Venus, Jupiter and Rome: a breathtaking view of a memorable conjunction (29 June 2015)
It is well known that looking at the sky, at night, is always a rewarding experience. But the involvement can be greatly deeper when something special up there shows above a memorable panorama, mixing beauty both in heaven and on earth.
This is surely the case for the Venus–Jupiter conjunction I could observe from Rome these days. Finally, this long awaited event entered its climax, once the two planets were close enough to be a very obvious feature in the sky at sunset. I would say the dances opened on 20 of June, when a tiny Moon shared the same spot in the sky as Jupiter and Venus. Since then, it has been great to see, by naked eye, how the faster Venus approached Jupiter, night after night.
On 28 June 2015 I had a memorable sight, picking my observing site in a widely celebrated spot of Rome, between “Trinità dei Monti” (hanging above the famous Spanish Steps) and “Pincio” in Villa Borghese: Saint Peter Basilica was just below those two cosmic wanderers.
On 29 June 2015, the Saints Peter and Paul Feast, I wanted another panoramic viewpoint and I chose it from one of my favorites: Piazzale Caffarelli, next to Campidoglio square designed by Michelangelo Buonarroti (who designed the S. Peter Dome, too), where the venerable Musei Capitolini are.
I reached the place well in advance, around 8pm, when the Sun was setting. The sky started to clear and the small clouds were playing with the stunning light of the end of the day: a sight by itself. I managed to properly setup everything and a few people, looking me handling that stuff, were promptly informed by me about the conjunction.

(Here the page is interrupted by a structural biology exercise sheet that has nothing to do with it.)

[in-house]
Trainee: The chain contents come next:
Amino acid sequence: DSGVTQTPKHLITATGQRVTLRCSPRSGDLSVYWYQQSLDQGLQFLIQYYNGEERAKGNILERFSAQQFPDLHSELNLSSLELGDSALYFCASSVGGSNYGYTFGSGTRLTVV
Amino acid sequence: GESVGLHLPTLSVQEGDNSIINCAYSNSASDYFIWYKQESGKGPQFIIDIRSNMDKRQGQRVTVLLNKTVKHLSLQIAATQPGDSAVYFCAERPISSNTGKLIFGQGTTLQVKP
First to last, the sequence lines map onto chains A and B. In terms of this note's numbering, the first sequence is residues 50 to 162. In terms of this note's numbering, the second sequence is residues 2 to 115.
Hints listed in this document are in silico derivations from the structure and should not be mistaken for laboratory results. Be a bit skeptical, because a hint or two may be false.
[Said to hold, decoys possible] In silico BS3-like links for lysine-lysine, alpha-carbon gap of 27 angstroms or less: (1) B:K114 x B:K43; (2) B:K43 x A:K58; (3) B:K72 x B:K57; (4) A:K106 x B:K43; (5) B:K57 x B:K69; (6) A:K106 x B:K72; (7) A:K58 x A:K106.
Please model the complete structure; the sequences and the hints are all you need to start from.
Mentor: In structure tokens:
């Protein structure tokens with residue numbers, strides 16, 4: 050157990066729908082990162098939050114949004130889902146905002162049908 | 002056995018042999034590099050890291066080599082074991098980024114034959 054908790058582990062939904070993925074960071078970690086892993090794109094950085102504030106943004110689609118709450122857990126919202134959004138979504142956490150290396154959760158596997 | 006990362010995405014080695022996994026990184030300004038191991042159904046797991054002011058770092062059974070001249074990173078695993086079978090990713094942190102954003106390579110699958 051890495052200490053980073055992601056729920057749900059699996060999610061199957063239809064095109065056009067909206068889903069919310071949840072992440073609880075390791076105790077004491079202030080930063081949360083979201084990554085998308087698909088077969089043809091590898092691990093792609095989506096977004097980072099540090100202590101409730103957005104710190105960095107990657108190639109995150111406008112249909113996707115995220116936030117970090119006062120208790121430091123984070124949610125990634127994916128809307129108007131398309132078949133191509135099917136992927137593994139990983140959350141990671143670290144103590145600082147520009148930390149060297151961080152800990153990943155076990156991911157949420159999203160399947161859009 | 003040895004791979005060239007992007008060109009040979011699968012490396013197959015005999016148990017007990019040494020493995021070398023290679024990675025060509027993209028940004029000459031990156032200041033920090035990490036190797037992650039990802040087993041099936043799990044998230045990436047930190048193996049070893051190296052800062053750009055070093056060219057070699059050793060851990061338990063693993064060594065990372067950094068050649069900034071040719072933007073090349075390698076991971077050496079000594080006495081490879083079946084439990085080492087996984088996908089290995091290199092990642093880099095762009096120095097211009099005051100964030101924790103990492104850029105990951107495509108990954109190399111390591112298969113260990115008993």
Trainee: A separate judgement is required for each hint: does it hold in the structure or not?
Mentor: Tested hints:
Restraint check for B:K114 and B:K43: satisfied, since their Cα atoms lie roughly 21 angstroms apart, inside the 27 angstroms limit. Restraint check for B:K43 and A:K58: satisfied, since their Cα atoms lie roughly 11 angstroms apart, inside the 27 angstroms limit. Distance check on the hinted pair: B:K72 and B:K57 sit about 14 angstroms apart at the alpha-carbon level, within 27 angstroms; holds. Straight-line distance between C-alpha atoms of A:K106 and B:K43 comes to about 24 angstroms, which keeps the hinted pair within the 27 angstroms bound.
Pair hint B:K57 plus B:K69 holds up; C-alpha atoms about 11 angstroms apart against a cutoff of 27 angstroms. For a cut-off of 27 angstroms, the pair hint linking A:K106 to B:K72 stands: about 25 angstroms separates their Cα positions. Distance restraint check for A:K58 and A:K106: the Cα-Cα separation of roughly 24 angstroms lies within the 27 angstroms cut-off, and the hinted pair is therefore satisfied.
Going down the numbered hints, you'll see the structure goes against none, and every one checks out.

I had with me a great Canon 7D Mark II body with the excellent Canon 17-55-f/2.8 IS lens (a lens I really find unmatched for this kind of work), as well as a support to keep them while imaging.
The show already started before the planets were visible: I was welcomed by an elegant sunset, as you can see below
Soon after the sunset, colors started to amaze me a lot: I was blessed with very spectacular, not invasive clouds making the moment unforgettable: I felt as I was part of a painter’s wonderful palette.
It was matter of an handful of minutes and I started concentrating an Venus and Jupiter, slowly climbing the scenery. I spotted Venus very easily when the Sun was still above the horizon, but I needed a small amount of darkness to firmly see Jupiter, too. At some point, the planetary couple was simply stunning, as you can see below:
29 June celebrates Peter and Paul, both patron Saints of Rome. Indeed, at some point I was awarded with a bonus: fireworks from S. Angelo Castle, possibly added more to the overall enjoyment of a memorable experience.
It was hard to wake up from this dream and think I could possibly reach another venerable location. While my head was rapidly finding a suitable one (I had to run, the planets were rapidly setting and clouds were increasing), I wanted to capture another shot, to say thanks and goodbye to those beauties.
Meanwhile, I decided to go to Colosseum and see if there was a suitable panoramic place. It was hard, because I had to explore all around the Wonder of the World and that took time. Finally, I have found a spot I liked, providing a very nice view including Colosseum, Arco di Costantino and, of course, Venus and Jupiter:
Then, I went back to home. On the way back, I stopped at Quirinale, and had a view: another stunning sight. I had a nice conversation there with a couple of policemen, at first worried by the strange stuff (which I did not use, anyway, as I only wanted to admire that with my eyes) I was bringing with me, then reassured and amazed by the sight: too bad the Italian President could not join!
I will keep forever those amazing emotions, feelings and memories. I feel lucky for being in love with the sky, nature and beauty and I hope these pictures of mine will promote some good feeling to you, too.
All the images here are copyright by Gianluca Masi and cannot be used without permission
Support The Virtual Telescope Project!
If everyone reading this right now would donate something, our fundraiser would be done in a few days. Please, donate and receive a stunning, LIMITED EDITION image of the eclipsed Moon rising above the Colosseum in Rome and one of a potentially hazardous asteroid taken by the Virtual Telescope, specifically made for supporters like you!
donate now (you can adjust the amount later)